• January 23, 2018

Dorchester Brewing Company

You could say that Dorchester Brewing Co. was co-founded by the dream team. Matt Malloy boasts more than 26 years of operations and sales experience (including a stint as a VP at Zipcar), Travis Lee worked in project management for more than a decade, marketing expert Holly Irgens has helped a slew of Boston-area small businesses and startups grow their brands, and Todd Charbonneau happens to be Harpoon’s former head brewer and the founder of Banner Beer Company.

DBco officially opened doors to its 25,000-square-foot facility in July 2016 with a dual objective: Not only to brew crave-worthy suds in-house, but also to give other local craft brands lacking a large-scale brewery a place to thrive. While Down the Road Beer Co. was in the process of building out its Everett space, for example, the company found a temporary home at DBco.

The tasting room features a 20-line tap system featuring six to eight of DBco’s own beers plus a slew of others from its partners. Experimentation is the name of the game here—The company never shies away from pushing the envelope. Case in point: The 11 percent ABV Barrel Aged Quad is aged in red wine barrels, giving it an oaky finish and a flavor profile bursting with dried fruit and warm spices. ESB (Extra Special Bitter) features plentiful malt followed by a subtle smack of fruity East Kent Goldings hops—contrary to what the name suggests, it isn’t intensely bitter.

A unique nitro tap line injects tiny bubbles into unexpected beer styles like the Nitro Savin Stout, which is bittered with Chinook hops for a distinctly smoky, herbal twist. Lenore, also on nitro, is a kettle-soured dry stout with just enough of a tart edge to offset the rich, roasty coffee and cocoa notes.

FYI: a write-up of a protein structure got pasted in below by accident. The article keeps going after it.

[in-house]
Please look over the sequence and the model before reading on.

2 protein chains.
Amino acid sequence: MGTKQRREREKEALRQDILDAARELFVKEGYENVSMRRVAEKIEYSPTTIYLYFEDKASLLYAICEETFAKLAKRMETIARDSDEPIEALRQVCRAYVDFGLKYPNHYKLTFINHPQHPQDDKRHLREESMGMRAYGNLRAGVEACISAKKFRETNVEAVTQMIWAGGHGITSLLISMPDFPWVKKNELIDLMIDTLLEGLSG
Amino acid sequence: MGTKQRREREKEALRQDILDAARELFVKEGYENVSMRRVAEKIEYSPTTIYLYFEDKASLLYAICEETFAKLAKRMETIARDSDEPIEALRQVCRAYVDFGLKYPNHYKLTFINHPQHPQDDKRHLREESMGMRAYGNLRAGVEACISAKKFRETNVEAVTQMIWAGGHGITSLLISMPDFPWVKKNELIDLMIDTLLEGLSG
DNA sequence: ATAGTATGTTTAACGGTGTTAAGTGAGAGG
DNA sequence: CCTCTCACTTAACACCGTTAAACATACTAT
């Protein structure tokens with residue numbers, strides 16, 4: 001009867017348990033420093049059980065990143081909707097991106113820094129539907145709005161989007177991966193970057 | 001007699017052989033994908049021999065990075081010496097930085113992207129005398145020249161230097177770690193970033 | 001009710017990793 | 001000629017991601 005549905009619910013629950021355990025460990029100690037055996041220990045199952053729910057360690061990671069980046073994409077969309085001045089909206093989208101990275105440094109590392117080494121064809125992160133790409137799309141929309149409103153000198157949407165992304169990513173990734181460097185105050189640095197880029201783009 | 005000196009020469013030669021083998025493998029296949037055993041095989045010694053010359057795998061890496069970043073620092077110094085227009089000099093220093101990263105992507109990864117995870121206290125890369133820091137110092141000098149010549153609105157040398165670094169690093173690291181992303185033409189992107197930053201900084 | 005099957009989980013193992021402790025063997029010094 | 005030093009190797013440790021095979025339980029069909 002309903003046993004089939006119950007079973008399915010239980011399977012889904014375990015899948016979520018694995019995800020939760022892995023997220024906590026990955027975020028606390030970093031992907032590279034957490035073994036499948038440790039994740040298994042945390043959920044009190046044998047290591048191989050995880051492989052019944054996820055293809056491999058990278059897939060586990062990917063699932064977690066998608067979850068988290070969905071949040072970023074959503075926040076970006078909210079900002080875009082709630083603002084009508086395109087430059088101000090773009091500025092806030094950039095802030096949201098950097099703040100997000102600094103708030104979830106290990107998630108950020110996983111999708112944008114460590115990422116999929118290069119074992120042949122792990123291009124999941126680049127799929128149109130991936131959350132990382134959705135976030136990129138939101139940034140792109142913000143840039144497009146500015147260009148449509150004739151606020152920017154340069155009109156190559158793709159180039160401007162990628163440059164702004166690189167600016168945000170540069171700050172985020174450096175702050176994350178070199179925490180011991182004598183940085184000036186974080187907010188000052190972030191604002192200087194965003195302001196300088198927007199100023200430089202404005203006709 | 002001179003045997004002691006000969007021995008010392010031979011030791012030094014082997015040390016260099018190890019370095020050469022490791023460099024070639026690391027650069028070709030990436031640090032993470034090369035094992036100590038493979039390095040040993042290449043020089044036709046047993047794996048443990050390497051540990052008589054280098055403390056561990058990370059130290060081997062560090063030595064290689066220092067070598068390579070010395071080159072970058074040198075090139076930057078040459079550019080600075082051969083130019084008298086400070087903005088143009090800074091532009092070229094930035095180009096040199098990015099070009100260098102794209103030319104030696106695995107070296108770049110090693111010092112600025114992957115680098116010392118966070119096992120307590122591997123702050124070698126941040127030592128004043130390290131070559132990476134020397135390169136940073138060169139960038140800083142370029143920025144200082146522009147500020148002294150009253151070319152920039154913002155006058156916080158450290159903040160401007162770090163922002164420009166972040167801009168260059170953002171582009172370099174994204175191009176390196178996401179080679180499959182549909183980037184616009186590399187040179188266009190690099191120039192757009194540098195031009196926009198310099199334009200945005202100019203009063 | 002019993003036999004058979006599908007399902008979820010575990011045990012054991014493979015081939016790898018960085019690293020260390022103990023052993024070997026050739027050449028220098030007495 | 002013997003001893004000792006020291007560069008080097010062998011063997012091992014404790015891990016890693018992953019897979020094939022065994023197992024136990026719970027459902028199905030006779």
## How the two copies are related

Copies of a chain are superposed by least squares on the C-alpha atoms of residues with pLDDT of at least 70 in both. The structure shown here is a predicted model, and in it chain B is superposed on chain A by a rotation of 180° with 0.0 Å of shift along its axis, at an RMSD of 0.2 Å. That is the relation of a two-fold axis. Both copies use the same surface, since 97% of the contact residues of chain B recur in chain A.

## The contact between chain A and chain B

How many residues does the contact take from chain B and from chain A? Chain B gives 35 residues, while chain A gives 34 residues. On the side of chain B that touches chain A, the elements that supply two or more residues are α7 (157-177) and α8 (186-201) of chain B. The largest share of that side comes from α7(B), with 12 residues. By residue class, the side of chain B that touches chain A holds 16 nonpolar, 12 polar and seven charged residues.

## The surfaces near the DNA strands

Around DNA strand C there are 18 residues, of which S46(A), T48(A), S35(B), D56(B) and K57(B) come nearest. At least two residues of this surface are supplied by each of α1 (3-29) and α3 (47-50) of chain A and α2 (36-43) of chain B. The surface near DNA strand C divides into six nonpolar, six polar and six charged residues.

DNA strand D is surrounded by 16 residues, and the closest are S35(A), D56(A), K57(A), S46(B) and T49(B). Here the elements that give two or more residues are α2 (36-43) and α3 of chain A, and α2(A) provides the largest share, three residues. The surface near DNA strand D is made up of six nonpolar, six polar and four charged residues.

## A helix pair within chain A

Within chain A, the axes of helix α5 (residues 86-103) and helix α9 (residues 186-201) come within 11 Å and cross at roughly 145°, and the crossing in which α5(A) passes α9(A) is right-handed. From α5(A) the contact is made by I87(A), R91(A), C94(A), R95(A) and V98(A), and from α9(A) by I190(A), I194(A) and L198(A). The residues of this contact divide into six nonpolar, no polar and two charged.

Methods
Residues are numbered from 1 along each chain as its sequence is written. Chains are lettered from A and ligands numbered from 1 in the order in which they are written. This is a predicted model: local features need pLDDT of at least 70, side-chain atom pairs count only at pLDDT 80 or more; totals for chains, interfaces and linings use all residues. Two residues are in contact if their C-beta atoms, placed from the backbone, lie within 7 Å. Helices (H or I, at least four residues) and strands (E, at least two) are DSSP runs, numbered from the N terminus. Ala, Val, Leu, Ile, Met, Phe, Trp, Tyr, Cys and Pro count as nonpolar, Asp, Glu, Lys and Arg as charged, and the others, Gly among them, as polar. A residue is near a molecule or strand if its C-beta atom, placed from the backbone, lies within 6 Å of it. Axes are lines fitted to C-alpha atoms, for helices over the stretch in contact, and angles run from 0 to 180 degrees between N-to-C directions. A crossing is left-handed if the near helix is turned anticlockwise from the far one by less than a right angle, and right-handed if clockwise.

Clapp’s Cream Ale, one of the company’s inaugural beers, is a warm-fermented cream ale carbonated with nitrogen, making for a velvety smooth finish. The V1 Double IPA, which was also in DBco’s debut set, is dangerously drinkable with just a hint of clean bitterness despite the 8.3 percent ABV and a hefty dose of juicy Mosaic hops.

As DBco doesn’t distribute, you’ll have to swing by the brewery itself to try their suds fresh from the taps. Sidle right up to either of the taproom bars to sample several varieties in a flight or enjoy a full pour, and then snag a 32-ounce growler of your favorite to take home. While DBco doesn’t have a full food menu, you can order grub from occasional food truck pop-ups or a handful of local Dorchester area restaurants that deliver. And with 40-plus board games on hand, it’s unlikely you’ll ever get bored while nursing a brew.

Itching to learn more about DBco’s history, brewing process, and craft beer partnerships? Hit up one of the complimentary tours, which run every Saturday between 1 p.m. and 4 p.m.

Navigate the Boston food scene like a pro!

Subscribe to receive intel on Boston’s best bites right in your inbox.

Thank you!